Ljubljana is a picturesque pint-sized city centred round a hilltop castle. It is located on the crossroads of the two main pan European transport corridors 5 (stretching from Venice to Kiev) and 10 (stretching from Salzburg to Thessalonika). Ljubljana is the cultural, educational, economic, political and administrative centre of Slovenia with 11.84% unemployment rate in 2011 and an average gross monthly salary of €1,524.55. Like most countries, Slovenia is experiencing rural to urban migration, and the population of the city and surroundings is growing slowly.
Approximately 50% of Ljubljana’s retail space comprises converted industrial buildings in the BTC retail park. Although the space is compromised in terms of parking, frontage and depth, the park benefitted from being in the right place at the right time when Yugoslavia collapsed, and it is now the largest retail destination in the region with 22 million visitors per year. Ljubljana benefits from cross border shoppers, predominantly from Italy and Croatia.
The Ljubljana retail market is centred in three main areas; BTC, the town centre, and Rudnik. They are all situated within the ring road that circles the city. There is a shortage of quality retail space in Ljubljana and until recently it was necessary to pay key money to secure a space in BTC, although things have changed due to the global slowdown. The Citypark mall in BTC was extended by 8,500sq.m, and was fully rented two months before completion. There are several pipeline retail schemes that will provide a welcome addition to Ljubljana in the next three years.
BTC was the largest logistics centre in ex-Yugoslavia, and was converted into a retail park approximately 20 years ago. It now consists of 450 shops and 31 bars and restaurants, occupying over 130,000sq.m. Retailers include Spar, Merkur, Zara, Chicco, Roberto Cavalli, Hugo Boss, Tommy Hillfiger, Calvin Klein, Pal Zileru, DKNY, S.Oliver and Spar. Some 22million visitors are attracted to the park each year.
The town centre is characterised by quality brands and offers approximately 21,000 sq.m of retail space set mainly on Slovenska Street, Kongresni Square, and Stari trg, a pedestrian street in the old town. Many retailers relocated to BTC due to parking problems in the centre. The main shopping street, Slovenska cesta, is only 1,400m long, and is occupied with many other buildings such as offices, residential, the stock exchange etc. Finding vacant premises on Slovenska until recently was impossible, however the global financial crisis has caused some businesses to close, resulting in a few vacancies. Retailers on Slovenska include Zara, Nama (a four storey department store), McDonald's, local travel agents, and Marella. Slovenska has approximately 90 stores, but most are small, and there are very few internationally recognised brands.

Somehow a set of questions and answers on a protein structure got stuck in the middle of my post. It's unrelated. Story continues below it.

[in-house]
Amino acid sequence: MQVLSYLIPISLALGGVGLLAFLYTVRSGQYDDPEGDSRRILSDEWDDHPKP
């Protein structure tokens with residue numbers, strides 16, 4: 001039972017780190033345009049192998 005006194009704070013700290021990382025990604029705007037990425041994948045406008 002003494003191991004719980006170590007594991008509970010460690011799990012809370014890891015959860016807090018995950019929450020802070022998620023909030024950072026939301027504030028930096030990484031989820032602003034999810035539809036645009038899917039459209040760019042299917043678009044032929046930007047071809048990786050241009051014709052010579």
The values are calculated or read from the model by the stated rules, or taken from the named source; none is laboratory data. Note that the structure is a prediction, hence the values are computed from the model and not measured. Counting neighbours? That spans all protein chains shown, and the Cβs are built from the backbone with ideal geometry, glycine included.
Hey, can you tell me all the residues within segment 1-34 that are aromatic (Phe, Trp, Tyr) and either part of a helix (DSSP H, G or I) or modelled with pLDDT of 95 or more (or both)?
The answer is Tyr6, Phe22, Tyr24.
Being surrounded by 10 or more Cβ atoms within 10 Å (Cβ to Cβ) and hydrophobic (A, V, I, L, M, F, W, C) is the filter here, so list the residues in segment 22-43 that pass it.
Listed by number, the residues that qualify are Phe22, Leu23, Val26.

Rudnik can best be described as a big box retail park, and offers one new purpose built mall on two levels (Supernova), a large Leclerc supermarket with mall, an Obi DIY big box, and a few other large retailers including Mercator, Humanic, Peek & Cloppenburg, H&M and C&A. The total retail space comprises approximately 70,000 sq.m . A new Bauhaus centre has opened (18,000sq.m GLA) and 400 parking spaces are provided.
|KEY AREAS / STREETS/SHOPPING CENTERS||CONSUMER PROFILE||MAJOR RETAILERS PRESENT||NEW ENTRANTS||TYPICAL RENT FOR UNIT OF 200 SQM||RANGE OF UNIT SIZES (SQ FT)|
|BTC||Wide profile of shoppers||Inditex, H&M, Sportina, Emporium, Spar, Mercator, Benetton, Tus, Big Bang||Benetton, Yves Rocher, Jones||€15-45/ sq.m/month||30sq.m- 2,000sq.m|
|Town centre||High net worths, students and tourists||Bang & Olufsen, Nike, H&M, Emporium, Lush, Swarovski||Swarovski||€30/sq.m/month||30sq.m -500sq.m|
|Rudnik||Consumers looking for mid-range brands and typical big box offer such as DIY||LeClerc, Peek and Cloppenburg, Humanic, H&M, Mercator||None||30sq.m -2,000sq.m|
Data as of January 2013
There is no shortage of restaurants and bars in Ljubljana. Ljubljana’s food and beverage sector is not surprisingly shaped by the city’s proximity to the Mediterranean and the Balkans, whose cuisines, often fused with classic Slovenian fare, are very popular.
Most office workers like to enjoy a sit down lunch and many restaurants offer an affordable daily menu.
Restaurants in Ljubljana can typically be characterized as mid-range. Exclusive fine dining is limited to a few establishments such as Cubo and Valvasor. Themed restaurants offering ethnic food, such as Mexican, Argentinian, Thai and Indian have become popular over the last decade.
Global fast food brands are so far limited to McDonald’s and Burger King, although more market entrants are expected.
There are many coffee shops in Ljubljana offering good quality, cheap coffee, making it difficult for premium global brands to enter and compete.
|KEY AREAS||CONSUMER PROFILE||FOOD & BEVERAGE OPERATOR INCLUDING|
|Town centre||Businessmen, tourists, students||Predominantly local operators, McDonald’s|
|Central business district||Businessmen||Predominantly local operators|
|BTC||Shoppers||Two main local operators, Teman and Kratochwill, McDonald’s, Burger King|
|Rudnik||Shoppers||Predominantly local operators with the exception of McDonald’s|
|Suburbs||Local residents||Predominantly local operators offering typical Slovene fare in "Gostilna" type restaurants|
Data as of January 2013